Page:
Written by 4:56 pm Anaheim, Review, The Larking House Theatre Company, Theater, Uncategorized

Molière’s Tartuffe @ The Larking House – Review

photo credit: Lizzy McCabe

Written by Daniella Litvak

Jean-Baptiste Poquelin, better known as Molière, was a 17th-century French actor and playwright whose influence on theater is on par with Shakespeare. Famous for his comedies, Molière’s satires were not afraid of targeting sacred cows, including the Church.   Tartuffe caused such an outrage from religious authorities that it was banned from performance for five years, despite Molière’s close relationship with King Louis XIV. Fortunately, once the ban was lifted, the play has been delighting and entertaining audiences to this very day.


So what is all the fuss about? Tartuffe, played by Coleman Blue Summers, has caused an uproar in Orgon’s (Miguel “Mack” Angel Tapia II) household. Orgon thinks Tartuffe is a nobleman of piety, while everyone else rightly sees he is a hypocritical conman leeching his way into controlling Orgon’s house and fortune.   Can the household convince Orgon of the truth, or will Tartuffe succeed in making his way to bedding Elimire Orgon’s wife (Genevieve Kauper), marrying Mariane Orgon’s daughter (Adriana Rodriguez Burciaga), and owning Orgon’s estate?

The Larking House updates the setting to modern day, and does a good job of making this more than a superficial change.   Key exposition is delivered from a screen. Characters using smartphones to record damning confessions and references to Instagram fit the story. The addition of cursing and modern slang does not overwhelm the more traditional language, and it adds to the comedy.   The one instance where I was taken out of the story was when the sound effects for cell phone ringing were used, but only because it made me think someone’s phone in the audience was ringing, which says more about Apple ringtones than the play.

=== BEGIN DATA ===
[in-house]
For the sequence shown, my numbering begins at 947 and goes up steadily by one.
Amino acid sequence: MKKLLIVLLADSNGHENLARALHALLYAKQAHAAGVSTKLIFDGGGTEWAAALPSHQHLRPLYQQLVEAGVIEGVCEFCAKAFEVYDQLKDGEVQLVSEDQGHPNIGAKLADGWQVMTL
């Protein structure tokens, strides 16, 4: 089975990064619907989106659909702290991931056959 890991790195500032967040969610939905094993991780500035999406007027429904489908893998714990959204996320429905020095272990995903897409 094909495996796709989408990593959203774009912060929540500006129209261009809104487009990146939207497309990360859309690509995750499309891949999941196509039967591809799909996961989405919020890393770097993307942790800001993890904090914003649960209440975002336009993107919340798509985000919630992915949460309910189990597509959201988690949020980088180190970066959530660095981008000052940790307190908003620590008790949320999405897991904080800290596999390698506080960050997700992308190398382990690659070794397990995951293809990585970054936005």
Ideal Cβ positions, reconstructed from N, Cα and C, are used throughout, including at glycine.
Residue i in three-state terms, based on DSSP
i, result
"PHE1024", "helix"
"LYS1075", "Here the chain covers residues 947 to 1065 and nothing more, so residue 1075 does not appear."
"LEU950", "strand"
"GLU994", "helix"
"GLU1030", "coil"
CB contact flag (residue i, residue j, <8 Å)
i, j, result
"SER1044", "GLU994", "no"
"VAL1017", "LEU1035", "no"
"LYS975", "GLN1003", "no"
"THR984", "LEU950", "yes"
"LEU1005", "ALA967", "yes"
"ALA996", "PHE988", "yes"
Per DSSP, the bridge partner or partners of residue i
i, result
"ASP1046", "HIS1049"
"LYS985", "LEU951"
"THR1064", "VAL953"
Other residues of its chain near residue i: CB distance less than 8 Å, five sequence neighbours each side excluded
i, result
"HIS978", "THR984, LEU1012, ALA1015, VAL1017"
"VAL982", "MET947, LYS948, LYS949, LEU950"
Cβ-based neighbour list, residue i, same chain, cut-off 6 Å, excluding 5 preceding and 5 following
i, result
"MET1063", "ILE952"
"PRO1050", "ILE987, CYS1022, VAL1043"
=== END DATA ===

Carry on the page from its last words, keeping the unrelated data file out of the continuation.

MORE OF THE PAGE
The cast was uniformly strong across the board. Each performer added a lot of physicality to their respective roles.


The costumes suited the characters. Tartuffe’s costume from the show’s second half was the night’s standout look. His shiny red shirt screamed, “Lounge lizard from hell.” The costuming from Jema Amezola plus hair and makeup design from Adriana Rodriguez Burciaga combined with Summers’s demeanor instantly created a sleaze vibe from the character without a single word being uttered.


The production utilizes the space well. However, there are times when characters block other characters. It was hard to see everything going on, but it did not detract too much from the experience.

The portraits hanging from the back wall were changed to show Tartuffe’s usurping influence, which was a nice touch. The effect reminded me of the effects used at Disneyland’s Haunted Mansion. It was a seemingly simple design change that no one called attention to, but it greatly impacted the stage.

8.3 Overall
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Set & Design7.5
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Good Show! OCR Recommended! April 4 – 13, 2024. 

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